How Can You Tell If A Fiddle Leaf Fig Is Root Bound?

You can tell if a Fiddle Leaf Fig is root bound by doing one of the following things:

  • Gently pull the plant and check the root ball out then it s root bound,
  • Check the bottom of the pot. If you notice roots growing out of the bottom of the pot, then they’re most certainly cramped.
  • Take a look at the top of the soil. In case you see roots circling on top of the soil, that’s an indicator that Fig is root-bound.
  • Compare how fast the soil dries out. If it takes much shorter for the soil to dry out than it did before, this may be a sign that Fiddle plant is root-bound.

Can A Fiddle Leaf Fig Recover From Root Rot?

Yes, a Fiddle Leaf Fig can recover from root rot if the issue is not left untreated for too long. The best way to revive the plants is to recognize signs of root rot quickly and act fast.

Will Root Rot Go Away On Its Own Fiddle Leaf Fig?

In most cases, root rot will not go away on its own. You will need to revive your plant quickly before it’s damaged beyond repair if you want to save it. Brown spots and dropping leaves are a few red flags to pay attention to.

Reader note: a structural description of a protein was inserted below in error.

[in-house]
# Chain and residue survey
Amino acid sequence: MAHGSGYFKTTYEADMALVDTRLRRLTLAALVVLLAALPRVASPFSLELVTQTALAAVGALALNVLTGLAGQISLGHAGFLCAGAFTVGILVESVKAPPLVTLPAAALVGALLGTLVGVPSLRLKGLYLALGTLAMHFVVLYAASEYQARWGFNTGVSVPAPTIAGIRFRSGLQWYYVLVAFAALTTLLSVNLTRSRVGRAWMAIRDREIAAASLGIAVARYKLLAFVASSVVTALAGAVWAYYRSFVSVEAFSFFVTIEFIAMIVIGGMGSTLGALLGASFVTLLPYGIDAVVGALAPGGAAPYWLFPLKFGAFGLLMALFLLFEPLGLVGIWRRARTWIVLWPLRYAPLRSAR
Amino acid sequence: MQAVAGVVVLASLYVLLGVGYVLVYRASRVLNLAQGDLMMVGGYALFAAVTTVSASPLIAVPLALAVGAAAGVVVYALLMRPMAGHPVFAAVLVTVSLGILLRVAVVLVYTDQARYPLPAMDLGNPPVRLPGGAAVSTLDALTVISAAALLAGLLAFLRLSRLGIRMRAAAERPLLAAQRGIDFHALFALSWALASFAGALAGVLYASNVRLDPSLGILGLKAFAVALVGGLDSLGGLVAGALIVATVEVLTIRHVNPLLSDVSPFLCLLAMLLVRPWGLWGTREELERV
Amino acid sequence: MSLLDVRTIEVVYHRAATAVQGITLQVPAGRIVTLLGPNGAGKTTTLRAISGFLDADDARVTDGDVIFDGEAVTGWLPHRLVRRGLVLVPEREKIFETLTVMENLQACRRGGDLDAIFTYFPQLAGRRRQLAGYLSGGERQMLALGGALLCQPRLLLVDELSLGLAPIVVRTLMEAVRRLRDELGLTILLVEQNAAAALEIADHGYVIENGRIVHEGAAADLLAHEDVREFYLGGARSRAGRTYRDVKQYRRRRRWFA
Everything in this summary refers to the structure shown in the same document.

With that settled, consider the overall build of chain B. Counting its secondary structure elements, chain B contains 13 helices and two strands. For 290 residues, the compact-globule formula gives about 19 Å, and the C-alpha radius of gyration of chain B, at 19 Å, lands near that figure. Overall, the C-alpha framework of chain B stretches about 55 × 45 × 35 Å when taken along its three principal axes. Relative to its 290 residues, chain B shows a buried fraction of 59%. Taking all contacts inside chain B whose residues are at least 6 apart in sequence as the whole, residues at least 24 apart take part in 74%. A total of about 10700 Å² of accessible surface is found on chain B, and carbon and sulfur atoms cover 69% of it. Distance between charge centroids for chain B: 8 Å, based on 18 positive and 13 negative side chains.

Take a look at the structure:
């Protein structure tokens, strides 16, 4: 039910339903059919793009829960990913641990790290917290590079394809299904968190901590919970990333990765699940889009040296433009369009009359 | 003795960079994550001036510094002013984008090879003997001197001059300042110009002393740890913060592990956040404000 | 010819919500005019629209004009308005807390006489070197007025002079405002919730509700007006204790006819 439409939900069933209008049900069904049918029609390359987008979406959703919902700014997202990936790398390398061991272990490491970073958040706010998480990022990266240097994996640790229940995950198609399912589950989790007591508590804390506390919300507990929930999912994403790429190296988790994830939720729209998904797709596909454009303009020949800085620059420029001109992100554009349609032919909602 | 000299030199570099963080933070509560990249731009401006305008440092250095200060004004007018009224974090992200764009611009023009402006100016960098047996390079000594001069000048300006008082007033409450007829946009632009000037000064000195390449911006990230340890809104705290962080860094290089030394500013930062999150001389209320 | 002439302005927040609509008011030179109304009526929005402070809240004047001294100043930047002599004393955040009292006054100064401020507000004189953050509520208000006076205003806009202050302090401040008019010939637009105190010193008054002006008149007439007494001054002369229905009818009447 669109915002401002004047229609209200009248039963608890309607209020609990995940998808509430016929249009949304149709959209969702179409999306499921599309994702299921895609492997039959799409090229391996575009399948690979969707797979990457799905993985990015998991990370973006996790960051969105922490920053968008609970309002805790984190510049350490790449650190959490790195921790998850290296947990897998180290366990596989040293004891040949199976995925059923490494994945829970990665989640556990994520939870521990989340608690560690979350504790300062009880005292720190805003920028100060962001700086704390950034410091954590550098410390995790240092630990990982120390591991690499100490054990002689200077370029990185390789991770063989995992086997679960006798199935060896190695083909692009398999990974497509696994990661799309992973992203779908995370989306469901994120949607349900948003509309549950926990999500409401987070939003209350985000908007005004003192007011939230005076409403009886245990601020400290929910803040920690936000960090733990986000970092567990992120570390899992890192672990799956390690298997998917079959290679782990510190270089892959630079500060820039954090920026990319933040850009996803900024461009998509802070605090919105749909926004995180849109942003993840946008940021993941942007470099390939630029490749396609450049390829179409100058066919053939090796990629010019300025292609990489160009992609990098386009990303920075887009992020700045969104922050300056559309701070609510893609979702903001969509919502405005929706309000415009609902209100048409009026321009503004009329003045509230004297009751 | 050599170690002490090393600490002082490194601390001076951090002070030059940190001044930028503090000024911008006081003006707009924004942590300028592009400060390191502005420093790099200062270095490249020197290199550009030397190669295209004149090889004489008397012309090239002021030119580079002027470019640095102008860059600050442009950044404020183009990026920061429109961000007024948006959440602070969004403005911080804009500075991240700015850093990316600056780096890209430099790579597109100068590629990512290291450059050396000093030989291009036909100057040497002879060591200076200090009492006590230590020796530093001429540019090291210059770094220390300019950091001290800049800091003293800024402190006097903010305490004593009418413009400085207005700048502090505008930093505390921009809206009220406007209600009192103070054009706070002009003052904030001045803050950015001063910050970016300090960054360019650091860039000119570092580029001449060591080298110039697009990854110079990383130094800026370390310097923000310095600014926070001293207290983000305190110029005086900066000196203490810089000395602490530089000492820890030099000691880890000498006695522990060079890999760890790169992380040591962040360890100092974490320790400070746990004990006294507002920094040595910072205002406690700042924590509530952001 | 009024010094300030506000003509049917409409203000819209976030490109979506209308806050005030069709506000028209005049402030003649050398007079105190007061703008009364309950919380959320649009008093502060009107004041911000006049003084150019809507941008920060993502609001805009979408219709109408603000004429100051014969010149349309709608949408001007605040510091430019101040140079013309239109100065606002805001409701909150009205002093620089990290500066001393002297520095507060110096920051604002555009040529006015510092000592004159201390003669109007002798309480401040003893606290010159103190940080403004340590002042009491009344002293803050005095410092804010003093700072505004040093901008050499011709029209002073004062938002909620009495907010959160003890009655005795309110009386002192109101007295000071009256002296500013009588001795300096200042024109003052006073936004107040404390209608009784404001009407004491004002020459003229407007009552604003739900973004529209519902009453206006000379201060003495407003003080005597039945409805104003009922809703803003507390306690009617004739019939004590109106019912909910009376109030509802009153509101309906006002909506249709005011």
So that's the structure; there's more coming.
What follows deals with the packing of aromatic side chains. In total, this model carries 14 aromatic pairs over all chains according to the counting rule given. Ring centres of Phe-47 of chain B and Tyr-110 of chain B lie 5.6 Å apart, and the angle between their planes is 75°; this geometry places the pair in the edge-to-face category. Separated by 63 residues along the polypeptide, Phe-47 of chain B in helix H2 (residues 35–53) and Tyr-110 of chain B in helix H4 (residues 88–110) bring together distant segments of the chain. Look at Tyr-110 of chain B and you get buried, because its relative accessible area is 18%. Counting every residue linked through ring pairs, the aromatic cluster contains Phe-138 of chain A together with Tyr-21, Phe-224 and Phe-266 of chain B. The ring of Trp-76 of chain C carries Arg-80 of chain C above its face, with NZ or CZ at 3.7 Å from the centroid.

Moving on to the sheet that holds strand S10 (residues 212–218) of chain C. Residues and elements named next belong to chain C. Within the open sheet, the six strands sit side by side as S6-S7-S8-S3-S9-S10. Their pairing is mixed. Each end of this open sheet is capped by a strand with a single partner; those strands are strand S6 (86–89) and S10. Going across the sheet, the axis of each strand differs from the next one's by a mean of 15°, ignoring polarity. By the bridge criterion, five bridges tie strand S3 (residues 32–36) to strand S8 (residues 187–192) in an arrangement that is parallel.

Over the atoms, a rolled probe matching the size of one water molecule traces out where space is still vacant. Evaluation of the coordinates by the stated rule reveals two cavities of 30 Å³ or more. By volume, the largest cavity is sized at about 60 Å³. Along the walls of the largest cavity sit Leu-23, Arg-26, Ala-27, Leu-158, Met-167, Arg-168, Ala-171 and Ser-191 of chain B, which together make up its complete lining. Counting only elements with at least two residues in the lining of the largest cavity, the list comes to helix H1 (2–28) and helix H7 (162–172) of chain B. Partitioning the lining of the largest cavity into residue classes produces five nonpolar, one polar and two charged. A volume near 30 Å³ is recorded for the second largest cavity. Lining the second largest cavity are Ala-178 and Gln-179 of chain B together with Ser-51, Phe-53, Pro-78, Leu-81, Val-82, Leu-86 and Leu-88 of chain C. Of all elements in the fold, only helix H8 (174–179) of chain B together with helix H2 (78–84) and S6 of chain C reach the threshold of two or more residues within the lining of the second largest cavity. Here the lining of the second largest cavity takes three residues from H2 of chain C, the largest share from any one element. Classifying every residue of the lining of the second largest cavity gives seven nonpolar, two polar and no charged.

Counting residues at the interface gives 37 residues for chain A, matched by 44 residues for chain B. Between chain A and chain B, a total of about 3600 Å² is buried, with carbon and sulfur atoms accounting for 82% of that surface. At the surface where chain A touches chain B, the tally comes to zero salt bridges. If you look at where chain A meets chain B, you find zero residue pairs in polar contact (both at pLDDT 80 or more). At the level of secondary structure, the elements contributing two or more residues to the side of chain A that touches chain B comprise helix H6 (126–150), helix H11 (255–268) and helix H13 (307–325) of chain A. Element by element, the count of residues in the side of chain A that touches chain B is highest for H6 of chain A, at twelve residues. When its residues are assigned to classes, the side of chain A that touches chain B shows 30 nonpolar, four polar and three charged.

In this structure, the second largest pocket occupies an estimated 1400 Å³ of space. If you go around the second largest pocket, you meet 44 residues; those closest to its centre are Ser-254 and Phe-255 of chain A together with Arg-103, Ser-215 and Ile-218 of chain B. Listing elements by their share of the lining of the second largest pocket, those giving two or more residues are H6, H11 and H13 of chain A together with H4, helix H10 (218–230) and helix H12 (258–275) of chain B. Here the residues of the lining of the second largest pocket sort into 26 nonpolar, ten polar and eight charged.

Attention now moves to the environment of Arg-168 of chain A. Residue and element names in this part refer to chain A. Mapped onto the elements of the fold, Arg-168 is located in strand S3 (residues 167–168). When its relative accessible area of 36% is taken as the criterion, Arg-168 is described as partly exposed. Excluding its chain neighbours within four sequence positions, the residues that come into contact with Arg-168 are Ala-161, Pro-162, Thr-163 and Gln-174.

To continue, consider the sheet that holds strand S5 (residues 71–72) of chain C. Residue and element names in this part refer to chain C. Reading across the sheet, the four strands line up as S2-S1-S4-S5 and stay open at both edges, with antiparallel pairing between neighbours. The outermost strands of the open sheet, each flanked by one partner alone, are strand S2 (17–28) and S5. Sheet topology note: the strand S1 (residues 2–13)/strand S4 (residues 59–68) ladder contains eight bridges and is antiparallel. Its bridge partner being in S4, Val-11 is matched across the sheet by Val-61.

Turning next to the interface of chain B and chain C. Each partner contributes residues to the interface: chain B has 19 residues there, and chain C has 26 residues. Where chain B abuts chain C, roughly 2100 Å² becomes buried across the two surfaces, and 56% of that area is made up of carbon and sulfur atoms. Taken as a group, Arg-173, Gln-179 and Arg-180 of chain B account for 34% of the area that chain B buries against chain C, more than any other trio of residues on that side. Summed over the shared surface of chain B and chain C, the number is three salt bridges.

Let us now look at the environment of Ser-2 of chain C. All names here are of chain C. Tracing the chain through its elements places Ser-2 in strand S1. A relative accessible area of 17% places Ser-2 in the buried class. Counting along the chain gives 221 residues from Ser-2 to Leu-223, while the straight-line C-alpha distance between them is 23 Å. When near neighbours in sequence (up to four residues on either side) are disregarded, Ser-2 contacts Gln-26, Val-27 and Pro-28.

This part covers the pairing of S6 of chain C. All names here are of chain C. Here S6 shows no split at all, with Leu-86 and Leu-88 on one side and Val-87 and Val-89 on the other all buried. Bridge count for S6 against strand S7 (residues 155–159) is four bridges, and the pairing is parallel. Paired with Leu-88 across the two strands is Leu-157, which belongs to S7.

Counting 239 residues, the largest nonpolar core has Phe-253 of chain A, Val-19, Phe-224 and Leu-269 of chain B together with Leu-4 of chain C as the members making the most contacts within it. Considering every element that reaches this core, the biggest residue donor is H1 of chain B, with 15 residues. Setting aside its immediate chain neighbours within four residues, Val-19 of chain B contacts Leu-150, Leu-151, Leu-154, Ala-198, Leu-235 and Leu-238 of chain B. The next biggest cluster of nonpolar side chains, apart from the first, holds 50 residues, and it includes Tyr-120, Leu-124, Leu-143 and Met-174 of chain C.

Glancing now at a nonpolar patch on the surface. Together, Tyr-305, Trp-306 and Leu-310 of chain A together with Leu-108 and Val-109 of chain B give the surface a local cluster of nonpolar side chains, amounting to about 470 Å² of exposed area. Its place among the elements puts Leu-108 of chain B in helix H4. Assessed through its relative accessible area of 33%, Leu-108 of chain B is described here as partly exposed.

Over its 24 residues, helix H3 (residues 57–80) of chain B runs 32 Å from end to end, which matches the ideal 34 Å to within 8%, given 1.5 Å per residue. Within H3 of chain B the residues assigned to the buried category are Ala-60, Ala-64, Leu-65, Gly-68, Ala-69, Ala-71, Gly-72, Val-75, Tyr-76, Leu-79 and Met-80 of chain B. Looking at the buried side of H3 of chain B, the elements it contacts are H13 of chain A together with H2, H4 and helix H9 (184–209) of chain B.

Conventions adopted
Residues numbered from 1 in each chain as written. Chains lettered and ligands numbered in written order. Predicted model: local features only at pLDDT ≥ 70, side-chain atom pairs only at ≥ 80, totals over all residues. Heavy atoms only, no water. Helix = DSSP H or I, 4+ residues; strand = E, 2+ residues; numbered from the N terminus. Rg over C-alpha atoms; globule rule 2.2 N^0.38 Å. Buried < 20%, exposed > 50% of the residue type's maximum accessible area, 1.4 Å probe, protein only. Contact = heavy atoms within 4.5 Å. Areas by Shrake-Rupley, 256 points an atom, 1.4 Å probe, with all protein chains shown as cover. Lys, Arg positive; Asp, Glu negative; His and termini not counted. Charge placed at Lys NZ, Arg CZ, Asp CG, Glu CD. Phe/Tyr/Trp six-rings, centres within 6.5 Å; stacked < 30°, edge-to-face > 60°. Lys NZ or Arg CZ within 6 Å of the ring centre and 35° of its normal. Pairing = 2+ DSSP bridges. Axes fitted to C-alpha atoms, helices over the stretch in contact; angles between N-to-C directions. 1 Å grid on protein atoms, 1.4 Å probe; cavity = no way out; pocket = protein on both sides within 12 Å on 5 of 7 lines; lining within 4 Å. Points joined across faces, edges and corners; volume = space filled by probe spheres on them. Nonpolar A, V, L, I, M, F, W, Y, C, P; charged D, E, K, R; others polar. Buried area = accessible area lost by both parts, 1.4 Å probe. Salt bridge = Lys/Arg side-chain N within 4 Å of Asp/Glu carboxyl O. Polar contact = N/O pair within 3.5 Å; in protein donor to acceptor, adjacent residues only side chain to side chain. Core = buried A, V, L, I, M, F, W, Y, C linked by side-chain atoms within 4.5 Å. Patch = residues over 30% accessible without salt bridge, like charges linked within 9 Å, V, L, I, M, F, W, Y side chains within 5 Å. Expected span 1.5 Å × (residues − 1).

How To Repot A Fiddle Leaf Fig With Root Rot?

To repot a Fiddle Leaf Fig with root rot you’ll want to first rinse the root ball and remove any rotten roots. Any brown or mushy roots must go! Use sharp and disinfected pair of pruning shears to remove roots safely. Next, find a new container with drainage holes, preferably a terracotta pot. Repot your fig plant free of any rotten roots using a fresh well-draining potting soil mix. Make sure the plant is getting enough direct sunlight or indirect light. Insufficient light can seriously harm a plant, even if your fig has proper drainage. So, sufficient light is a must when you want to prevent root rot. Once you repot, water thoroughly and then wait for the soil to completely dry out before you water again.

Soil and potting tools

How To Repot A Dying Ficus Lyrata?